For hundreds upon hundreds of years, children’s rooms have been adorned with shelves full of books.  Big and small, pictures or chapters, soft cover or hardback, these books have been given with love and sometimes cherished for a lifetime.
Between the pages of these beloved classics, memories are made and new worlds are discovered.  The bedtime stories shared with children takes them on journeys to unknown places and gives them new perspectives on their own place in the world.  Beyond the imagination, reading aloud to your children develops them further in four ways:
1. Reading aloud is good for the brain.
We’ve all heard it said and ofttimes seen it to be true: “Readers are leaders”.  Reading teaches children to ask and answer critical thinking questions.  It trains them in comprehension.  It introduces them to new concepts, ideas and ways of life.
2. Reading aloud is good for bonding.
Cuddling up with your child just for a few minutes before bed is good for any parent-child bonding.  Adding a book and an adventure story to that moment creates a shared experience.  With your older child, try a chapter book and read only one chapter each night.  This will create anticipation and excitement for the next moments shared tomorrow.
3. Reading aloud develops vocabulary.
Children learn new words all the time: from conversations, TV or advertisement.  Learning new words from books, however, is even better.  They are given context at an age-appropriate level.  Often, books will use similar words over and over again as a teaching tool for younger children.  Reading aloud makes learning new words less intimidating by taking the pronunciation out of it.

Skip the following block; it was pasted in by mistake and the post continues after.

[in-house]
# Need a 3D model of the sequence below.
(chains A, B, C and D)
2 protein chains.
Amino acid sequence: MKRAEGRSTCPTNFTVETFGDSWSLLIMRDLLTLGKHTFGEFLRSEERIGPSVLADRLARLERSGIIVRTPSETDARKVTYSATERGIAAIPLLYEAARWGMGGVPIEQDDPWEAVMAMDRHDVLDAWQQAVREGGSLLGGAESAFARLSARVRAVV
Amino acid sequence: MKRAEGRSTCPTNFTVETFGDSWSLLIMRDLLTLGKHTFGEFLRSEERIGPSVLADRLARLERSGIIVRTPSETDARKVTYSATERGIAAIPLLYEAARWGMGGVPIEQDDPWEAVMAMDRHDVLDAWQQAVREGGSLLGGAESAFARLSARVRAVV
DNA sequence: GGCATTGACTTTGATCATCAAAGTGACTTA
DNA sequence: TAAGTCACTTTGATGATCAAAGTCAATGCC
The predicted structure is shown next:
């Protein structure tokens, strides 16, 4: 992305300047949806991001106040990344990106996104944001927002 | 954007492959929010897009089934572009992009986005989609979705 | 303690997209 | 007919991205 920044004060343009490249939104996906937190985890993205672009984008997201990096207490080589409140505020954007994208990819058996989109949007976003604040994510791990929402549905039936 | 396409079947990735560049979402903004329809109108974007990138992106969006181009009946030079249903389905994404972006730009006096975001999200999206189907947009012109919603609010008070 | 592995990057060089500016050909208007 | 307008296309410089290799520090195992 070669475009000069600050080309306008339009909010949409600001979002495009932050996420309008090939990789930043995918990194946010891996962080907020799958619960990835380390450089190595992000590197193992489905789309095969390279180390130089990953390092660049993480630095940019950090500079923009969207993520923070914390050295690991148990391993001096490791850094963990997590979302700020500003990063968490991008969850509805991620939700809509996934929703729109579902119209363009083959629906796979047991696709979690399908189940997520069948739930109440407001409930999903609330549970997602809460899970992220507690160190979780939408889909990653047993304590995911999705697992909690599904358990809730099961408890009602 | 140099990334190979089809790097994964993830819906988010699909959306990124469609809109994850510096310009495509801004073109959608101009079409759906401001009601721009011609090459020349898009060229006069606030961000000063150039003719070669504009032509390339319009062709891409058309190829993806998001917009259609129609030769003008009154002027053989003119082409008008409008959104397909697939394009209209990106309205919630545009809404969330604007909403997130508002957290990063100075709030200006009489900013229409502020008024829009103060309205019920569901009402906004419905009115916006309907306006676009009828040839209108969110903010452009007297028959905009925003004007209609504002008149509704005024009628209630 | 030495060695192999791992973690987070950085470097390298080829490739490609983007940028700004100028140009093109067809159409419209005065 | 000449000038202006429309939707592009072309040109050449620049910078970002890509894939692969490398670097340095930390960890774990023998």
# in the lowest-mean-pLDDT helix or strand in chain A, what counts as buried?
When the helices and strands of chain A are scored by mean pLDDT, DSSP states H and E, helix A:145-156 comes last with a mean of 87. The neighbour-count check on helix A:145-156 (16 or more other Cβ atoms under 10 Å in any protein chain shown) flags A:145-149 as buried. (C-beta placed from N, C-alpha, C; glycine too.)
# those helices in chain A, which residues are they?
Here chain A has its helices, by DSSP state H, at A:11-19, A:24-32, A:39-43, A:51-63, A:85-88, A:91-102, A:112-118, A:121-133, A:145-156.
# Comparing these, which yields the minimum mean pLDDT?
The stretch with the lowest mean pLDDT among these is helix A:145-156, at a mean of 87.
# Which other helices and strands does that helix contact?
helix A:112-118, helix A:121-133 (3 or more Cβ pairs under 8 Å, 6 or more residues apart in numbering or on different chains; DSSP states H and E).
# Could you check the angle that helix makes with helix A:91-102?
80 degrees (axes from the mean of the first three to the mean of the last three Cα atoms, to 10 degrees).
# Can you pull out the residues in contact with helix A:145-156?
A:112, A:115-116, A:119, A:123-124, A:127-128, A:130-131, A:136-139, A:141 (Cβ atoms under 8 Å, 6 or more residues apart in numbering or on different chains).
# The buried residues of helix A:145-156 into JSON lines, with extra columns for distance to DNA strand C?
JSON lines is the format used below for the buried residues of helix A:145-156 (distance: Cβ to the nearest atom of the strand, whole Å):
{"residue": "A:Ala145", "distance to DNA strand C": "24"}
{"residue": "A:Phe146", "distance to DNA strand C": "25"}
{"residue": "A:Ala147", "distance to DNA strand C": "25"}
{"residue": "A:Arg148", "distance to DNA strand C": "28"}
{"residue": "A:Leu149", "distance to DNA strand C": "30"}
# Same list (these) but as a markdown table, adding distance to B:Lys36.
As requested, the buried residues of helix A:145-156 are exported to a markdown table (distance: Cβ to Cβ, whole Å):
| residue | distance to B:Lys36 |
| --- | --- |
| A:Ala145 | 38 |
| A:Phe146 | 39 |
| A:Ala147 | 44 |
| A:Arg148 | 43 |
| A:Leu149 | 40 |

4. Reading aloud begets a desire for more reading.
Spending time reading aloud with your child models the importance you yourself put on reading.  Choosing stories that are fun and exciting for your child only adds to the desire.  As your children grow older, encourage them to read for a few minutes on their own before joining them at bedtime.  This will give them the confidence they need to succeed.
If you’re not sure where to start with your shelf full of books, we suggest one of these great titles:

  • Charlotte’s Web by E.B. White
  • The Lion, The Witch and The Wardrobe by C.S. Lewis
  • Winnie The Pooh by A.A. Milne
  • Alexander and the Terrible, Horrible, No Good, Very Bad Day by Judith Viorst
  • James and The Giant Peach by Roald Dahl
  • The Rainbow Fish by Marcus Pfister
  • The Very Hungry Caterpillar by Eric Carle
  • Pippi Longstocking by Astrid Lindgren

Enjoy a summer of new adventures, dazzling characters and “Just one more chapter, please!”.